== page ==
I hate to admit that I can be a repeat offender of this habit and the punishment of having to answer this crime will make my children gleeful because I can be guilty of “do as I say, not as I do”. It is a constant challenge for me to turn off my phone and myself, for that matter, in the never-ending quest to get more done, in less time.
The efficiency of portable technology has a downside, but to that end, devices should be a never at a dinner party as should be talking on one in a public space where proximity forces another person to unwillingly be a third party to the conversation.
One of my greatest fears after the advent of having Wi-Fi accessibility on planes is that people will soon be able to use cell phones. Can you imagine the consequences?
If you could fill a carriage on The Orient Express, who would be your fellow passengers?
All aboard! Elsie de Wolfe, because there is nothing she did or didn’t do that I do not like; Sir Winston Churchill and his wife, Clementine, a woman who was never afraid to speak (or write) her mind; Oscar de la Renta, whom I considered to be the epitome of the rare species known as “gentleman”; Miles Redd, a modern day gentleman, thankfully, with impeccable manner, style, charm and wit. I owe a lot of where I am today, to this fellow southerner & you always “dance with the one who brung ya”; Cecil Beaton, because he certainly knew how to make a party fun; Johnny Hartmann and Errol Garner, because together they made some of the most divine and timeless music. The list could go on and on, but smaller parties are the most fun.
If you were unfortunate enough to end up on death row, what would be your last meal and where would you eat it?
I am not one to take to the table when I am stressed, which I guess is quite fortunate given my last few years. I’d have potato chips, caviar and champagne.
What time is it acceptable to consume the first drink of the day?
I may be blonde, but it is always 5 o’clock somewhere and desperate times call for desperate measures. Who am I to judge? People who write books on entertaining and are known for daring cocktail concoctions are not advised to comment on the drinking rules for others.
A Negroni, a martini or a cup of tea?
A Negroni but I would take an old fashioned over any of them. Like any proper Southerner, I like my bourbon.
Whose parties do you enjoy the most and why?
Having a book on entertaining is one of the fastest way to turn up on the save for fancy occasions list, only, because people think you will be critiquing their every move and fear to extend the invite. Couple that with being an attractive divorcee and you can be sure the mailbox is empty. I have never been to a bad party. I always love the next one the best, and I am lucky I travel a lot and have so many great (and secure) friends who know how to host a good time.
Who is the most positive person you know?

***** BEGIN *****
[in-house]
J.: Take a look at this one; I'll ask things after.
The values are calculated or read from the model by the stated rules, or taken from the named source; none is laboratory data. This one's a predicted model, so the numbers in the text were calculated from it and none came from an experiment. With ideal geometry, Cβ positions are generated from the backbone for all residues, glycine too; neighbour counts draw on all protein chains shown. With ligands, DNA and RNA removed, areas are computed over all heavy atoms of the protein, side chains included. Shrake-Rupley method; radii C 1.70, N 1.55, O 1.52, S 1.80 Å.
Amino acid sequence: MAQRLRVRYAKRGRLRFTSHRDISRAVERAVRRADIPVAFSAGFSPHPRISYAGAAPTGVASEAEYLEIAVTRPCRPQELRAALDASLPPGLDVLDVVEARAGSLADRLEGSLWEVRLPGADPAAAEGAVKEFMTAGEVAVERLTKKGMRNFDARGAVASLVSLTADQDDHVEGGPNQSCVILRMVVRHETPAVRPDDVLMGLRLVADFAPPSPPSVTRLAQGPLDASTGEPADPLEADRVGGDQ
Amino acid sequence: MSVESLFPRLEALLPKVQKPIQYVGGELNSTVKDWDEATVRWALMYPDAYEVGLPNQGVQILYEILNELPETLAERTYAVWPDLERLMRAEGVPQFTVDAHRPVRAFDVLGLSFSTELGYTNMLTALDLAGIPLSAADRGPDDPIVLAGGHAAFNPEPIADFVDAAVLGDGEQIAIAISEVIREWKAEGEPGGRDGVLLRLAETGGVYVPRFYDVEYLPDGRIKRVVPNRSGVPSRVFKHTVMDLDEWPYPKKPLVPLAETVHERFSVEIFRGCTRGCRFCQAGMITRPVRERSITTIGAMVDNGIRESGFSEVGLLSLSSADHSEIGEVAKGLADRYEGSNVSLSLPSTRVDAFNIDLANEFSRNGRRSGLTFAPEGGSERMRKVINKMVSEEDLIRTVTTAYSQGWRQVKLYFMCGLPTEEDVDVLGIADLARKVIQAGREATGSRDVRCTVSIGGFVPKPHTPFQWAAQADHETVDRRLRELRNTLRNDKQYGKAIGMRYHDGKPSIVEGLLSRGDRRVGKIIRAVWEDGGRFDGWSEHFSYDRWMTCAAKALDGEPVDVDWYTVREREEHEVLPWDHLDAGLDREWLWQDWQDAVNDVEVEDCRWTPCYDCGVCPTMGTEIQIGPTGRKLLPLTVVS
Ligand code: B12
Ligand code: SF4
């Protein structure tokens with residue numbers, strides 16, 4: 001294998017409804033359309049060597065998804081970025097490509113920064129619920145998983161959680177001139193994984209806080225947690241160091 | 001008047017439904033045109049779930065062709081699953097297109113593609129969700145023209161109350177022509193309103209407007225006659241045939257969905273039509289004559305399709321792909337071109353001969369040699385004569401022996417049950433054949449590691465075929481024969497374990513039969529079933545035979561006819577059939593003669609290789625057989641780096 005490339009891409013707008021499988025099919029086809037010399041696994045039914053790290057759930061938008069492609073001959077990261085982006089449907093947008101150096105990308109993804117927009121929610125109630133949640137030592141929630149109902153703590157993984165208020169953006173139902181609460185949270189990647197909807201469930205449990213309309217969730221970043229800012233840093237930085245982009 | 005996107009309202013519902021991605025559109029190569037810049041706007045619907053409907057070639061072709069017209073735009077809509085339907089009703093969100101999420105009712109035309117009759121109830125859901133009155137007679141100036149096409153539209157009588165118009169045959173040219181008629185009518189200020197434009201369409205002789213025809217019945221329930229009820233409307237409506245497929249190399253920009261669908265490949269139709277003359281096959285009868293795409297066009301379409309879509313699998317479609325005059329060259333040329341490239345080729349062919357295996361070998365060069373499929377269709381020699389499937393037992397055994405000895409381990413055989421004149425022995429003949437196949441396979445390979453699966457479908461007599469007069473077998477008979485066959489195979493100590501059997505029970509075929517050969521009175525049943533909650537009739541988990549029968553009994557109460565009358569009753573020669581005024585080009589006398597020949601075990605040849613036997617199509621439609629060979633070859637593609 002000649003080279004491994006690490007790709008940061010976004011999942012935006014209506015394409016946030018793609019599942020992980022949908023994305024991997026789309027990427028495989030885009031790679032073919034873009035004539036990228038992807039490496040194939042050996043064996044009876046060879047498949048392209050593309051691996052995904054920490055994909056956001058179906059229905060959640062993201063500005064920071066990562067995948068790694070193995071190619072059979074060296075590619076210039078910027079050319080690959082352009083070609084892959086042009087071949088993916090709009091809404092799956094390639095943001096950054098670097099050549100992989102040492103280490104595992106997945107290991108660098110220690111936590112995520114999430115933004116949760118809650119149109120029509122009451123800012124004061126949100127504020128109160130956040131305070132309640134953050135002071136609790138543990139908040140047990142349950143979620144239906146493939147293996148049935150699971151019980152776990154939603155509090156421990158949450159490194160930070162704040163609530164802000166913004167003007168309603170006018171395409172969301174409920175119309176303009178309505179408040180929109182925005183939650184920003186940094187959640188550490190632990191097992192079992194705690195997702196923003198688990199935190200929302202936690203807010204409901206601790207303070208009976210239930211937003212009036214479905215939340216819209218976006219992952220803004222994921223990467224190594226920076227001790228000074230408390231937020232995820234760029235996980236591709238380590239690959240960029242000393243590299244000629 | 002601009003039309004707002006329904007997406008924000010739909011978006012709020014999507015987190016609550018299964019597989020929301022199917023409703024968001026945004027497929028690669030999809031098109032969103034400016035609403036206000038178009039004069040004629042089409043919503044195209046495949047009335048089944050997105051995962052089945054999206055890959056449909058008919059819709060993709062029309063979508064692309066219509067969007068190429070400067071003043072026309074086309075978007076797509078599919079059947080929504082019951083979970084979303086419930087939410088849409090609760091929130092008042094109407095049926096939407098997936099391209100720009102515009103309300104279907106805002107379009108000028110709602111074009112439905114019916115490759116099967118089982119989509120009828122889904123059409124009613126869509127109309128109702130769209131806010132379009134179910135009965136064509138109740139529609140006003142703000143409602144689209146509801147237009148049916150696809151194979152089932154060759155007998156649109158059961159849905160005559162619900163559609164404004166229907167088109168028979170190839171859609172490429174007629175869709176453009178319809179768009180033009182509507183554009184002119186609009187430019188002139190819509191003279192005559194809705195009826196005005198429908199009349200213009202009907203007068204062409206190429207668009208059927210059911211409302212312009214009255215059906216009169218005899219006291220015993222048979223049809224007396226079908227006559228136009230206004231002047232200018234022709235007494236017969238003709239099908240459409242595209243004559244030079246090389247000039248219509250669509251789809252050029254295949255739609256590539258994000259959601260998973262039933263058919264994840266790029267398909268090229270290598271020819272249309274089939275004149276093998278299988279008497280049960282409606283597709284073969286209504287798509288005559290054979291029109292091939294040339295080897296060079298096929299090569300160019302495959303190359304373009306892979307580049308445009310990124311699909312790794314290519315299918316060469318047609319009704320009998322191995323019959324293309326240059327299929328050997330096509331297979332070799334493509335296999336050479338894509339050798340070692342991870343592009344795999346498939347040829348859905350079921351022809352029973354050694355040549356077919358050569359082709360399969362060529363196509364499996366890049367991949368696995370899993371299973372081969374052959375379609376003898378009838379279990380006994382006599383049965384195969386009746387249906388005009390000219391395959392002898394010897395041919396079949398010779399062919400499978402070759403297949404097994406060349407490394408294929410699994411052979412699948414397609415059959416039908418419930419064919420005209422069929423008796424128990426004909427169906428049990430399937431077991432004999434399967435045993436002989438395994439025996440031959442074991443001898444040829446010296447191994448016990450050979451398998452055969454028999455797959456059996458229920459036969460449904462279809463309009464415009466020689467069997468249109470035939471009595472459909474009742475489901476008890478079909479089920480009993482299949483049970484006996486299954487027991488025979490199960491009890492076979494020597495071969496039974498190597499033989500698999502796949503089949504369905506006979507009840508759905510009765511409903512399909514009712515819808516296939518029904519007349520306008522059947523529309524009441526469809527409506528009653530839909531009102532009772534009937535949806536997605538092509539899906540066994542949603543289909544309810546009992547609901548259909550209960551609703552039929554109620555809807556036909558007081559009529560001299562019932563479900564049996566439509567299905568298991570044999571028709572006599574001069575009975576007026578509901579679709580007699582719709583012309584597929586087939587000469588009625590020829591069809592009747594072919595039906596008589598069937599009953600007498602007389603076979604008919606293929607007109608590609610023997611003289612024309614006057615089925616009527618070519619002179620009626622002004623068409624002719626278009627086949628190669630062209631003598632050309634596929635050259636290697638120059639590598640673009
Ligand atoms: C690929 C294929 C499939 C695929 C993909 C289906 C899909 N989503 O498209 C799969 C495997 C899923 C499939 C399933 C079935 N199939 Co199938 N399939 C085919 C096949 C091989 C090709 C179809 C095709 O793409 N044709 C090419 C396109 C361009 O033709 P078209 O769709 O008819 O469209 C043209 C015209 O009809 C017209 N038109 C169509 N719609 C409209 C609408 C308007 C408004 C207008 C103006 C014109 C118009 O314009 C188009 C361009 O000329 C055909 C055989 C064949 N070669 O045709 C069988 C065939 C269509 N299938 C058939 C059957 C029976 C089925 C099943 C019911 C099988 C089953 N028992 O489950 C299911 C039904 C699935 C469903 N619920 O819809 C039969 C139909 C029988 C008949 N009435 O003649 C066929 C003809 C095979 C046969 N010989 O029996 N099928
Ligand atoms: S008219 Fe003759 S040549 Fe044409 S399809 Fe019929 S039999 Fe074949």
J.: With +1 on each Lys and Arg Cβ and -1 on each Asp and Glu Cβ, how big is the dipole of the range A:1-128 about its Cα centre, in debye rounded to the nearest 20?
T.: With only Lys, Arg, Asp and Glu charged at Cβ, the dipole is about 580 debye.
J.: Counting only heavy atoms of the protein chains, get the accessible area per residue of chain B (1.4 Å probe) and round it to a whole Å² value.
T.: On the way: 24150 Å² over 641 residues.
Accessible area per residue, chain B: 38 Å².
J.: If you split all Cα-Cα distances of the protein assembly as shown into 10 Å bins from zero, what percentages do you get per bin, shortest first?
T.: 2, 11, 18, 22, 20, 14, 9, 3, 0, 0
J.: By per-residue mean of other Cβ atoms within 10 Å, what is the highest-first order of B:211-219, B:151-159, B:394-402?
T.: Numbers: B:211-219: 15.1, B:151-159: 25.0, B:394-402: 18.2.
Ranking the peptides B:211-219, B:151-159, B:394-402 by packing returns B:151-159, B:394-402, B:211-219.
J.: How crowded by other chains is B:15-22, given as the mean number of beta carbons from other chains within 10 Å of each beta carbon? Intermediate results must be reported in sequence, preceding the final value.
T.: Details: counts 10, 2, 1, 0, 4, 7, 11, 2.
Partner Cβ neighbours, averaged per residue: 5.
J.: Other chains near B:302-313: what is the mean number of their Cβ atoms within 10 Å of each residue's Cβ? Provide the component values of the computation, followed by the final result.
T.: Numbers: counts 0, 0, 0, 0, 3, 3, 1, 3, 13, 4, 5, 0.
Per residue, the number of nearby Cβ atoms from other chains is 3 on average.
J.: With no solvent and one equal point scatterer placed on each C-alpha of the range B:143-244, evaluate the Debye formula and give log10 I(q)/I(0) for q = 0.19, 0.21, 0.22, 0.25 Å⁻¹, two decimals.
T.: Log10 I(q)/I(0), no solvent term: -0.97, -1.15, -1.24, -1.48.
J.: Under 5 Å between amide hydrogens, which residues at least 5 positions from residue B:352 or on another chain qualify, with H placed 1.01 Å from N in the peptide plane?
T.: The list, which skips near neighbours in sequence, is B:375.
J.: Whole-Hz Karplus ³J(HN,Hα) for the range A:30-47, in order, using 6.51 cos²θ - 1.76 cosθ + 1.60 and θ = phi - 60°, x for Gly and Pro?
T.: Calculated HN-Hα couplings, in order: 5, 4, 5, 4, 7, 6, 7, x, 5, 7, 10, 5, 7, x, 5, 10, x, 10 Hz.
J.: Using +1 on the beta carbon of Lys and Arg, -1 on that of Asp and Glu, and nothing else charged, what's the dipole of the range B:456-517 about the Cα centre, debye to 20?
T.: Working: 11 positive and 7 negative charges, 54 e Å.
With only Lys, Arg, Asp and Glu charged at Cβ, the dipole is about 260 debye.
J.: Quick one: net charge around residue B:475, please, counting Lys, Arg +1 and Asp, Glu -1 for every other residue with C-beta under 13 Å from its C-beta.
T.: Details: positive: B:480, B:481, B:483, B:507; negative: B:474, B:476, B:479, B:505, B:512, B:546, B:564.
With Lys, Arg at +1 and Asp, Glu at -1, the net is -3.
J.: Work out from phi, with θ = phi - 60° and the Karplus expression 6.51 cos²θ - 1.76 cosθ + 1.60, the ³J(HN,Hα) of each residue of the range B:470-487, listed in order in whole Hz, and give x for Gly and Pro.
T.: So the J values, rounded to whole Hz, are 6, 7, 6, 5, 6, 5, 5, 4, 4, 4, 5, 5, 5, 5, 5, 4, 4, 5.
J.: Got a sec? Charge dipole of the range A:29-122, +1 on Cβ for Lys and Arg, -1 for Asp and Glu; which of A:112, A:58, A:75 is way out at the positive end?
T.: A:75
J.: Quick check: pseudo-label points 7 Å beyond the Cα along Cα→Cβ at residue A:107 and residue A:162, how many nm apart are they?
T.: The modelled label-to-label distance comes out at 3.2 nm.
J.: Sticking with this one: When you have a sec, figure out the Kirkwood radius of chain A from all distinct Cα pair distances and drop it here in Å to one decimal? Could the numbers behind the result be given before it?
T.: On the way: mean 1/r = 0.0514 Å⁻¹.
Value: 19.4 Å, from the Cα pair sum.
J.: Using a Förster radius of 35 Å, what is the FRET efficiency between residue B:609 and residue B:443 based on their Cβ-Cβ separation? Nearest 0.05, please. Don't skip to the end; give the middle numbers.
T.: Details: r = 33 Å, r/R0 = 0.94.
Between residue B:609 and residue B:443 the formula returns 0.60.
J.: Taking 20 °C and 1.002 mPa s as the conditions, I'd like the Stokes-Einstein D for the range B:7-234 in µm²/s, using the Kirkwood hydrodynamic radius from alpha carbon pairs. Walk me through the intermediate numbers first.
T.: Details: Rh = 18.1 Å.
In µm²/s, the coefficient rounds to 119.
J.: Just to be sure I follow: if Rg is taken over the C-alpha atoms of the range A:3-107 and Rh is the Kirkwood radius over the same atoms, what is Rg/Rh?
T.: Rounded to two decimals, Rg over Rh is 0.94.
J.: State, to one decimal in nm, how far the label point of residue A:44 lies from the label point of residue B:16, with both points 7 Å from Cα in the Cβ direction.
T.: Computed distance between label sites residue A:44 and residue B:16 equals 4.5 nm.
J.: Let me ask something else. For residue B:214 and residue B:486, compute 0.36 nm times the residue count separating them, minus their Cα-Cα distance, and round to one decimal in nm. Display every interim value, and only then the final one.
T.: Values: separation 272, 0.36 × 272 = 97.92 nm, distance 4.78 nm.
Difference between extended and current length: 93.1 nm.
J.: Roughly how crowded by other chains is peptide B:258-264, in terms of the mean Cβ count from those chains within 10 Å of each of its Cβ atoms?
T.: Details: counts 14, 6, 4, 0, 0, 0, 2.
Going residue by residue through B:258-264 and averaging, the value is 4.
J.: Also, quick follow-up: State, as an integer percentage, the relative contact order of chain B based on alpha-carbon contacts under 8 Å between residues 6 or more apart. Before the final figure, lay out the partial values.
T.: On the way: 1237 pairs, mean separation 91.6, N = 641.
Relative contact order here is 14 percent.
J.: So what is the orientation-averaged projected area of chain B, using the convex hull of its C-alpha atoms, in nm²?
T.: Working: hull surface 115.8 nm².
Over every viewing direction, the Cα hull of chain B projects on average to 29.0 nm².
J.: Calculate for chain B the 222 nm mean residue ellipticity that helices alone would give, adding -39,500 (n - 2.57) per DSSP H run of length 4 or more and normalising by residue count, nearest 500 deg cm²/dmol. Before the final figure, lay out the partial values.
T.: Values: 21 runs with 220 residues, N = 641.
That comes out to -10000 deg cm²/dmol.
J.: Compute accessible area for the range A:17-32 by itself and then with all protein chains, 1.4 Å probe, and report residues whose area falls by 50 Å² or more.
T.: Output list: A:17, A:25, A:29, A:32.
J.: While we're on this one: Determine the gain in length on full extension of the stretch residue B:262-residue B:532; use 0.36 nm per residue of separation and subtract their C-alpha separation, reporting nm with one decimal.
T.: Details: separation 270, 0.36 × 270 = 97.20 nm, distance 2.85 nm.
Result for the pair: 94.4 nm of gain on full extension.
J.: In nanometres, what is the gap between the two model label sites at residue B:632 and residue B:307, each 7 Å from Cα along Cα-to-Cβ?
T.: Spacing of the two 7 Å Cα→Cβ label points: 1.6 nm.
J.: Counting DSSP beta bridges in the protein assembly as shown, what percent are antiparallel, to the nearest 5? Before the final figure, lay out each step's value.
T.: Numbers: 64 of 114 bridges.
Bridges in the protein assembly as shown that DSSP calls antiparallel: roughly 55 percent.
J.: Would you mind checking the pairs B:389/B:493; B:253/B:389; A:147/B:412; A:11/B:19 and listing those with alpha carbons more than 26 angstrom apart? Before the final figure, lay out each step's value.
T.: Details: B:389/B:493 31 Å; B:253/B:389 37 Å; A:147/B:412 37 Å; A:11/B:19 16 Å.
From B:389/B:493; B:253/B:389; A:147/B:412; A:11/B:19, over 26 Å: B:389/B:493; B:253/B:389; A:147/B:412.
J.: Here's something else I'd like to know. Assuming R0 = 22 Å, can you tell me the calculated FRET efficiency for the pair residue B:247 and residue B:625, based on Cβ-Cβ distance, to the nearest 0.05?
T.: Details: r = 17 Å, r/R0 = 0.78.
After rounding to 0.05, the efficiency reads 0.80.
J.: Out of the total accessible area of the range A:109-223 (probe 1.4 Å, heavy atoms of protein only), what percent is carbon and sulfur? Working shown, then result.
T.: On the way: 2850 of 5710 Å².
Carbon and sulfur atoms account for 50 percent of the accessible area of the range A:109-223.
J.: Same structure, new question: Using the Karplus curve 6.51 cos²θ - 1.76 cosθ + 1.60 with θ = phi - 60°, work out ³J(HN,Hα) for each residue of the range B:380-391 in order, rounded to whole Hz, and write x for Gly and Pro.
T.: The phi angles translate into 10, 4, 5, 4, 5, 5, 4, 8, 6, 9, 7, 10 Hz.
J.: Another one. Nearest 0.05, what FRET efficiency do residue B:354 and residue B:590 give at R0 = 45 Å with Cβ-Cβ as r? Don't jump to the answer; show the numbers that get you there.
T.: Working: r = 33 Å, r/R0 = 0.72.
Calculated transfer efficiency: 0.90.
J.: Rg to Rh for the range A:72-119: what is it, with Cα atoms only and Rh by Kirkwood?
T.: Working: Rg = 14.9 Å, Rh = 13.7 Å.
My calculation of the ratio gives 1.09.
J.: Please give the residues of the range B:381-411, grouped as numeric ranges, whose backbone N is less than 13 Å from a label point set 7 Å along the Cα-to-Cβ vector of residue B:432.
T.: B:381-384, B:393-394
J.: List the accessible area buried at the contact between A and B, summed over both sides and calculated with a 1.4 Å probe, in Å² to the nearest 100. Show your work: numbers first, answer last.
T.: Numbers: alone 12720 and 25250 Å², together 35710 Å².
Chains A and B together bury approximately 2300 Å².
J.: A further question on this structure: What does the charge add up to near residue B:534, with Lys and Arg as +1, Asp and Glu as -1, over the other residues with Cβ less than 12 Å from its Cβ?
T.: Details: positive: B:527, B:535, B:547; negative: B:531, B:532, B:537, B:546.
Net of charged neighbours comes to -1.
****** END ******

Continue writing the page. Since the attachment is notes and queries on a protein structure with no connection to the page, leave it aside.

I am not far off the mark. Life is too short, or too long, to be a droll dreary drag. I wake up happy even when I have every reason not to.
What’s your most guilty pleasure?
Time off with my family and loved ones. Frozen York Peppermint Patties, especially the new minis, are something I will admit to not wanting to admit loving.
If a tattoo were to sum you up, what would it be of?
Oh dear, next question? I am afraid that thought is simply too ghastly. It is like asking what type of gemstone I would put on a piercing in a place other than my ears.
If you were a car, what marque would you be?
A wood sided navy blue Grand Wagoneer: Proudly American, solid, dependable, stylish yet rugged and a classic.
Cilla Black presented Surprise, Surprise. Tell us the most surprising thing about you.
I think people assume that I am quite the gadabout given the “lifestyle expert” title I’ve acquired. Hell, you have to call yourself something and I didn’t make up; it was assigned to me. Rather than always being about town and on the go-go-go, I am actually rather reserved and quite shy until I get to know someone. I like a fairly good-sized chunk of solitude.
I also possess a wicked sense of humour, I am a tetrachromat and I am fiercely loyal.
What’s currently sitting on your mantelpiece?
I look forward to having a mantelpiece. I tend to favour the things over, not on, a mantelpiece, so as not to detract from the focal point. I prefer simple pots of seasonal flowering plants or greenery, perhaps a pair of candlesticks for a little added evening glow and an objet in the centre, especially if it’s a sentimental one with a good story.
Mixing a dash of glamour with an approachable flair, lifestyle expert Danielle Rollins sets the standard for what she describes as Gracious Living & Stylish Entertaining™. Rollins is the author of Soiree Entertaining with Style and a contributing editor at VERANDA. Follow her on Twitter at @drollinsstyle and Instagram at @danielledrollins.